Sequester Politicians’ Salaries, Not the Economy’s Future
Perhaps if the penalties for reneging hurt the politicians themselves – not the American people – then they would comply more readily.
Daniel Altman is Big Think's Chief Economist and an adjunct faculty member at New York University's Stern School of Business. Daniel wrote economic commentary for The Economist, The New York Times, and The International Herald Tribune before founding North Yard Economics, a non-profit consulting firm serving developing countries, in 2008. In between, he served as an economic advisor in the British government and wrote four books, most recently Outrageous Fortunes: The Twelve Surprising Trends That Will Reshape the Global Economy.
Here are some questions and answers about the forced spending cuts that could occur next week as a result of the Budget Control Act of 2011, better known as the sequester, and a proposal for a better mechanism:
Is now a good time to cut wasteful spending? It’s always a good time to cut spending that doesn’t provide essential services or contribute to economic growth. But, at least in the first year, the sequester does not allow agencies to decide cuts on a program-by-program basis; the cuts are across the board. It’s not clear how much is fat and how much is muscle and bone.
Is now a good time to make across-the-board cuts at the agency level? It’s almost never a good time to make arbitrary, across-the-board cuts in spending. The only time governments typically do this is after a fiscal crisis, when they have to show the markets that they’re truly committed to tightening their belts. The United States is not in a fiscal crisis. Last week the Treasury borrowed about $16 billion in 30-year bonds at a median yield of just 3.139 percent – and the bond issue was oversubscribed almost three times over. What the nation really needs is to examine the composition of spending, not the overall amount.
Is now a good time for big spending cuts in general? No. The economic recovery is still fragile. The Bureau of Economic Analysis estimated that the economy shrank at an annual rate of 0.1 percent in the last quarter of 2012, though that figure is likely to be adjusted upward. New housing starts fell by 8.5 percent, much more than expected, in January. The unemployment rate is still close to 8 percent. The economy is not out of the woods yet – not by a long shot.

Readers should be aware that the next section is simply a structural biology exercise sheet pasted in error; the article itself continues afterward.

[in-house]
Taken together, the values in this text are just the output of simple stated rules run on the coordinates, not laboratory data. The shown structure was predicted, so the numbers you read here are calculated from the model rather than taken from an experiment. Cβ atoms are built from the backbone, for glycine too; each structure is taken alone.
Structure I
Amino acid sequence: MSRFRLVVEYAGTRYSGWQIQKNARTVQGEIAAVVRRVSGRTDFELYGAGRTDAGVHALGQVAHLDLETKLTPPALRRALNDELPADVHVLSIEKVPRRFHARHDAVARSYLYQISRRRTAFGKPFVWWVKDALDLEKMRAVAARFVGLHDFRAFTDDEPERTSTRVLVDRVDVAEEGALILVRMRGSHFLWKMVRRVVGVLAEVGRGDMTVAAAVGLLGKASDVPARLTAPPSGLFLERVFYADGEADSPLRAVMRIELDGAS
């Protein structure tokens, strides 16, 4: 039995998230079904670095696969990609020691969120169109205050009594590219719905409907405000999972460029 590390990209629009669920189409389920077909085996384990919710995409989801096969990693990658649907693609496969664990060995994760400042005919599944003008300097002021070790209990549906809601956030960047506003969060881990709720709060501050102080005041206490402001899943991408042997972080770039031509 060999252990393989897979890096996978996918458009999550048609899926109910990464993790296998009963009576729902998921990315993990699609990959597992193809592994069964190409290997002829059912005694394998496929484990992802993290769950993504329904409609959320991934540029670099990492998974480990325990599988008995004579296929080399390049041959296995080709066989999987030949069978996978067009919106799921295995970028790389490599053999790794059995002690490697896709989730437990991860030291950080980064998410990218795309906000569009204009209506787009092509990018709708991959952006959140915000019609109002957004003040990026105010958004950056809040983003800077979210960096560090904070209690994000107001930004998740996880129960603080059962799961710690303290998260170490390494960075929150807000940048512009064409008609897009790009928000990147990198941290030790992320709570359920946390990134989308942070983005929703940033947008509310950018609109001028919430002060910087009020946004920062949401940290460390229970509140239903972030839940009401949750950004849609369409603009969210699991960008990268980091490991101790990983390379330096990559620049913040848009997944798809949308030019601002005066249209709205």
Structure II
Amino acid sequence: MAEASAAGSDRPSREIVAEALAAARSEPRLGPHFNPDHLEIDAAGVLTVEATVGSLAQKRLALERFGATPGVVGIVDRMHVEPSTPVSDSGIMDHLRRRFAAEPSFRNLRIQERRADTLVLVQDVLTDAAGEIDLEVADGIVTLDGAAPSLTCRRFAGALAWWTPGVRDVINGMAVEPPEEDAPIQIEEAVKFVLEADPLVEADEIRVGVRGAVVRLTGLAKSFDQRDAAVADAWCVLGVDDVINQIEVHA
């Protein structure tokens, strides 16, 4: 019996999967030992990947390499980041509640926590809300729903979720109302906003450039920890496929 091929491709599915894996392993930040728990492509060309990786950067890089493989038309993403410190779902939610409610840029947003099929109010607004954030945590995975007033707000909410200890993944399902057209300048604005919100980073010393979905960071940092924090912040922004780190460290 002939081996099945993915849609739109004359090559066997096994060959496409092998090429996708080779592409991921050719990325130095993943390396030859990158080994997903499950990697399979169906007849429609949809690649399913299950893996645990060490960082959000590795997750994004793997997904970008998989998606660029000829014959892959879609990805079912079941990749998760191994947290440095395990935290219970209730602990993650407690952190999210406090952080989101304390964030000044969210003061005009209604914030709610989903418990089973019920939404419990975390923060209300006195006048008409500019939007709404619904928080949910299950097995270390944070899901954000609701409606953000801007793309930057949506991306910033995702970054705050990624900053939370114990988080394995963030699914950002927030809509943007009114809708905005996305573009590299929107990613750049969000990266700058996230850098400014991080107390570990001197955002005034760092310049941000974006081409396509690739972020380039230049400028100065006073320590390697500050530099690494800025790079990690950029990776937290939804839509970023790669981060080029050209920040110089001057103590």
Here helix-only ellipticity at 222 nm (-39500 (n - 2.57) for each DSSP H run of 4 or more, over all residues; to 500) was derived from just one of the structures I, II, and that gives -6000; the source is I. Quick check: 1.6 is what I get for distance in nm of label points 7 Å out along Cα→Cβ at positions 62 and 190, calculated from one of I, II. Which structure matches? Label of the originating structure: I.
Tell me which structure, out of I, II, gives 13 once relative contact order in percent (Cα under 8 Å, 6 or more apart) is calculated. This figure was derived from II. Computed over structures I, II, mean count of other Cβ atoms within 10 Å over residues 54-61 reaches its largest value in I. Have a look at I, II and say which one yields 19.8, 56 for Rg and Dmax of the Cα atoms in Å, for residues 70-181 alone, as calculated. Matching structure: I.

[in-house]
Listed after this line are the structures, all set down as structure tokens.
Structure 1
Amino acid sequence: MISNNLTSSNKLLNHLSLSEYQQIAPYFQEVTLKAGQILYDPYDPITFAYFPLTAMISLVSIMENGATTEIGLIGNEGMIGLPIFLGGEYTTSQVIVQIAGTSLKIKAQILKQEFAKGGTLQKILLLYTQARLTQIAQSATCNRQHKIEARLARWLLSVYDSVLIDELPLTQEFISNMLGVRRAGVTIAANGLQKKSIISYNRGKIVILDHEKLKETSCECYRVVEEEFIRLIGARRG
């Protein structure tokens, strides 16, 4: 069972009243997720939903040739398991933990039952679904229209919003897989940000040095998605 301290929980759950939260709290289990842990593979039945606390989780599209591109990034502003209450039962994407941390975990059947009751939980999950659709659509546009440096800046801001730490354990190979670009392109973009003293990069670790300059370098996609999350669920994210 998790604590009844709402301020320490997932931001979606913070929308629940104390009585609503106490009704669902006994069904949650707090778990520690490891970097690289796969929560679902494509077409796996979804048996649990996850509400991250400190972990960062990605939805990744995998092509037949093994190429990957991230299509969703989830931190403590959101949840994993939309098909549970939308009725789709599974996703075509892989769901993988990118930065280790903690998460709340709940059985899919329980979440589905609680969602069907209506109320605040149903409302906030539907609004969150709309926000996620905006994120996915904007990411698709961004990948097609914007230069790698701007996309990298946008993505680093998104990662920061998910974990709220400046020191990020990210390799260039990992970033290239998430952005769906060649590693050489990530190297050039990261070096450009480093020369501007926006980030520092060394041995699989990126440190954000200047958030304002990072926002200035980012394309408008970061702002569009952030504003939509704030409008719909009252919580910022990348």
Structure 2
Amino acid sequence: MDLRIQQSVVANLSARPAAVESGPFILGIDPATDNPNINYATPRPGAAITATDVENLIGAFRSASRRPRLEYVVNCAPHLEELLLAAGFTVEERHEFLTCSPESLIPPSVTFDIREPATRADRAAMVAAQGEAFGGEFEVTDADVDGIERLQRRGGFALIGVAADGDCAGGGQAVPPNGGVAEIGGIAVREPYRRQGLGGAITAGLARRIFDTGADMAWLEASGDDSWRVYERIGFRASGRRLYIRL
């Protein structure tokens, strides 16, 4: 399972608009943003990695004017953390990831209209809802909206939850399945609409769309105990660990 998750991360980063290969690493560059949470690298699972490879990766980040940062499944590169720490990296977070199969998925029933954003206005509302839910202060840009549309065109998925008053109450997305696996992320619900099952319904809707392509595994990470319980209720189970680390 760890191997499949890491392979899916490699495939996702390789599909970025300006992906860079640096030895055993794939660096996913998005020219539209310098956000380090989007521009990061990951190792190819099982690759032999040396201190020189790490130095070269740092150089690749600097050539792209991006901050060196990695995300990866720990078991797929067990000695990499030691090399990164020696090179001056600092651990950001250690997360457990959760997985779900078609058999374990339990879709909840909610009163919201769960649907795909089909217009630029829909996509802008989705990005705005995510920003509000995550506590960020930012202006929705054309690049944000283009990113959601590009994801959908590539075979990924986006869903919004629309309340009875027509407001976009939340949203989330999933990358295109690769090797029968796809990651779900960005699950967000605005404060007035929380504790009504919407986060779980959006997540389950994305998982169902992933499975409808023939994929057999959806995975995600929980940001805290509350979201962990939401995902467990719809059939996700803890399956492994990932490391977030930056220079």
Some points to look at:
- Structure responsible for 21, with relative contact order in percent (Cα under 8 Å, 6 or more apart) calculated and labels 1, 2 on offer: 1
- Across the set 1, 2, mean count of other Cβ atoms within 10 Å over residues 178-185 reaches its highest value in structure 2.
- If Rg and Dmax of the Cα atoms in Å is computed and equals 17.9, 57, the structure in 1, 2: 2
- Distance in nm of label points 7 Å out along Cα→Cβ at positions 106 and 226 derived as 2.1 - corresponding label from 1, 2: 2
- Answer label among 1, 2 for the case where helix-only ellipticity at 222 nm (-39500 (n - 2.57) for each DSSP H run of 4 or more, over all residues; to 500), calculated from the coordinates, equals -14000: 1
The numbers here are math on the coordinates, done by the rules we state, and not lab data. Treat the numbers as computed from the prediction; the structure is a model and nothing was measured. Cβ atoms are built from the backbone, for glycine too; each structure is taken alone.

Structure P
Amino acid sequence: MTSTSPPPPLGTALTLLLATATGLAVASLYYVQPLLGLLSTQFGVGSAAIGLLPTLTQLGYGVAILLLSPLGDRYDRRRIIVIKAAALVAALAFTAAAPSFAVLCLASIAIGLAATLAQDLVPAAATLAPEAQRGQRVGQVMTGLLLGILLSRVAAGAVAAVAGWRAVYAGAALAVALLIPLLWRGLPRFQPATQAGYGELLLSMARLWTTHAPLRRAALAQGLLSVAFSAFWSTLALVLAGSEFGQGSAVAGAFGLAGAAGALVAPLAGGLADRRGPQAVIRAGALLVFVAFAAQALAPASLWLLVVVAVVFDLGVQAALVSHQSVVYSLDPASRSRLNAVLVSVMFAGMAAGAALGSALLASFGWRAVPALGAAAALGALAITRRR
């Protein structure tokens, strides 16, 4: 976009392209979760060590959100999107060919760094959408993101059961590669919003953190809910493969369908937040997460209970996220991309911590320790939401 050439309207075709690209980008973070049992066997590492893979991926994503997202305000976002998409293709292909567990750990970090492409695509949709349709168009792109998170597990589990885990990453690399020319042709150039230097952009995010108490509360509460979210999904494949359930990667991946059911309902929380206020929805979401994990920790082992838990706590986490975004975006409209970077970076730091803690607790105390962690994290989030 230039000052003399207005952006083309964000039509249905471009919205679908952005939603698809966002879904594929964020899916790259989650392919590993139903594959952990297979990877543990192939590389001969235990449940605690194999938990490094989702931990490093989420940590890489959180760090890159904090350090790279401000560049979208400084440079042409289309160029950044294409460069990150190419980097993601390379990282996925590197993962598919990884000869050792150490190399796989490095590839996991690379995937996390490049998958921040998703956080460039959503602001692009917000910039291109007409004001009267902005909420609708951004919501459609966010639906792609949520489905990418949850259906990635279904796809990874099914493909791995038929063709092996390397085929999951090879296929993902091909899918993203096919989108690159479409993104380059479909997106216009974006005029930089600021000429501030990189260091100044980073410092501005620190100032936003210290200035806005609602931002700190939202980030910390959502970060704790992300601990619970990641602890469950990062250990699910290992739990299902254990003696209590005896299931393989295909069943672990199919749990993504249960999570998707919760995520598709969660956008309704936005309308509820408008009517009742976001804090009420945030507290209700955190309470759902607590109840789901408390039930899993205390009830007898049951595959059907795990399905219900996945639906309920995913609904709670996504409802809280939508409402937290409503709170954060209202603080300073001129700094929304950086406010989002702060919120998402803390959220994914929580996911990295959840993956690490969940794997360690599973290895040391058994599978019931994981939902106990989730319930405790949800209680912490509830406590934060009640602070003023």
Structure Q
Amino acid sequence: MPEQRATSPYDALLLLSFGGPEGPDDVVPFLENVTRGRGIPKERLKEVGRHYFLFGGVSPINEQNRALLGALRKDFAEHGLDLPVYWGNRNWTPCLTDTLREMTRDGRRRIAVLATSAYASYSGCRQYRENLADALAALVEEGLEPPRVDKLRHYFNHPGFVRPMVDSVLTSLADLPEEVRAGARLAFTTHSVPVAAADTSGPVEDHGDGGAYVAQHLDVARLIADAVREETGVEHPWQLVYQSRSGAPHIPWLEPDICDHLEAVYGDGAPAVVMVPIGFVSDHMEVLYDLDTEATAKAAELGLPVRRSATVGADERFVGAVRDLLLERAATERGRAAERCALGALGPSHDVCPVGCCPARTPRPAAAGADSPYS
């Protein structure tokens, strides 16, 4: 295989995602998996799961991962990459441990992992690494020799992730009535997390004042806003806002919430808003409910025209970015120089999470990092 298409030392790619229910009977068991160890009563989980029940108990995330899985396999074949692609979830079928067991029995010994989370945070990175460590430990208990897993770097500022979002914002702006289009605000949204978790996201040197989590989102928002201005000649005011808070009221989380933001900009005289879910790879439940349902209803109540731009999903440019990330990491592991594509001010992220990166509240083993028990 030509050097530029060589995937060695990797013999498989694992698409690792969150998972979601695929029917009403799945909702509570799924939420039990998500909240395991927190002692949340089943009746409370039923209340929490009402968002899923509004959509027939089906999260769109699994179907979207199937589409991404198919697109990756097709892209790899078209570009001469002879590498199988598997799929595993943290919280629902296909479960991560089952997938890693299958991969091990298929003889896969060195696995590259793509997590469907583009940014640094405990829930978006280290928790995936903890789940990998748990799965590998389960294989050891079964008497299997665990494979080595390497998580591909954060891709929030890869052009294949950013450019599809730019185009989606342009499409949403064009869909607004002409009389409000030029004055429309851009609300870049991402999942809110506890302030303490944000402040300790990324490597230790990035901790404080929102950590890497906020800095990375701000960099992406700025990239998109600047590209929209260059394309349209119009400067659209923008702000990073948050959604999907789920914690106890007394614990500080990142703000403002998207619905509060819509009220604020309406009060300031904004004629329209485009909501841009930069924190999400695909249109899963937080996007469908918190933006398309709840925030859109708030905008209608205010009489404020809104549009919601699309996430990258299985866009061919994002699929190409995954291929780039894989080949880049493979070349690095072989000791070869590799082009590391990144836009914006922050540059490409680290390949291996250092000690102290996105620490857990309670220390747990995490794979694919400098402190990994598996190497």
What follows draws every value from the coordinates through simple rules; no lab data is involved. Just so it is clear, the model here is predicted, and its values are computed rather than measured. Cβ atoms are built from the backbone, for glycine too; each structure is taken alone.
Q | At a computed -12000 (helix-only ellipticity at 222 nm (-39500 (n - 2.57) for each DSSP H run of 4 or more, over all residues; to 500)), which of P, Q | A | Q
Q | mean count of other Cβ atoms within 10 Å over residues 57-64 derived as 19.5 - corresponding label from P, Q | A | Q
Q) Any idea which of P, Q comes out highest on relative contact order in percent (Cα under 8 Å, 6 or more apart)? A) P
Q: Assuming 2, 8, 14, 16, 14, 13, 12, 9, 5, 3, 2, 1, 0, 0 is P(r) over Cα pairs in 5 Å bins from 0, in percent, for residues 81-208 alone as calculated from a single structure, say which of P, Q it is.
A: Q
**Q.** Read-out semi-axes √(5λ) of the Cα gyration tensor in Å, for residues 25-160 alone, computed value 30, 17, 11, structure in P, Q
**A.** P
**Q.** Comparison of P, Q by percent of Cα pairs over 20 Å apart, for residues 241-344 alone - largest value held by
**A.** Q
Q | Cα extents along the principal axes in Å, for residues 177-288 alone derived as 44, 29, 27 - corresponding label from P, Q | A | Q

Moreover, the sequester wouldn’t just create $85 billion in cuts for the rest of this year; those cuts would be kept over seven years, resulting in a total decrease in spending of about $1 trillion. Because consumers and markets are forward-looking, the economy will feel the full force of those cuts right away as expectations about future income and investment change. That’s why letting the sequester go ahead could do a lot more damage to the economy than some pundits would have you believe.
A better plan would commit the government to phasing in spending cuts based on internal reviews by a non-partisan agency such as the General Accounting Office. The cuts could still be large, but they would occur gradually and not in the next couple of years. The problem is that Congress has a hard time keeping its promises several years into the future.
Perhaps if the penalties for reneging hurt the politicians themselves – not the American people – then they would comply more readily. For instance, if members of Congress and the president would lose their salaries if they failed to accept the promised cuts, they’d be a lot more credible. But what member of Congress would ever accept that kind of sequester?
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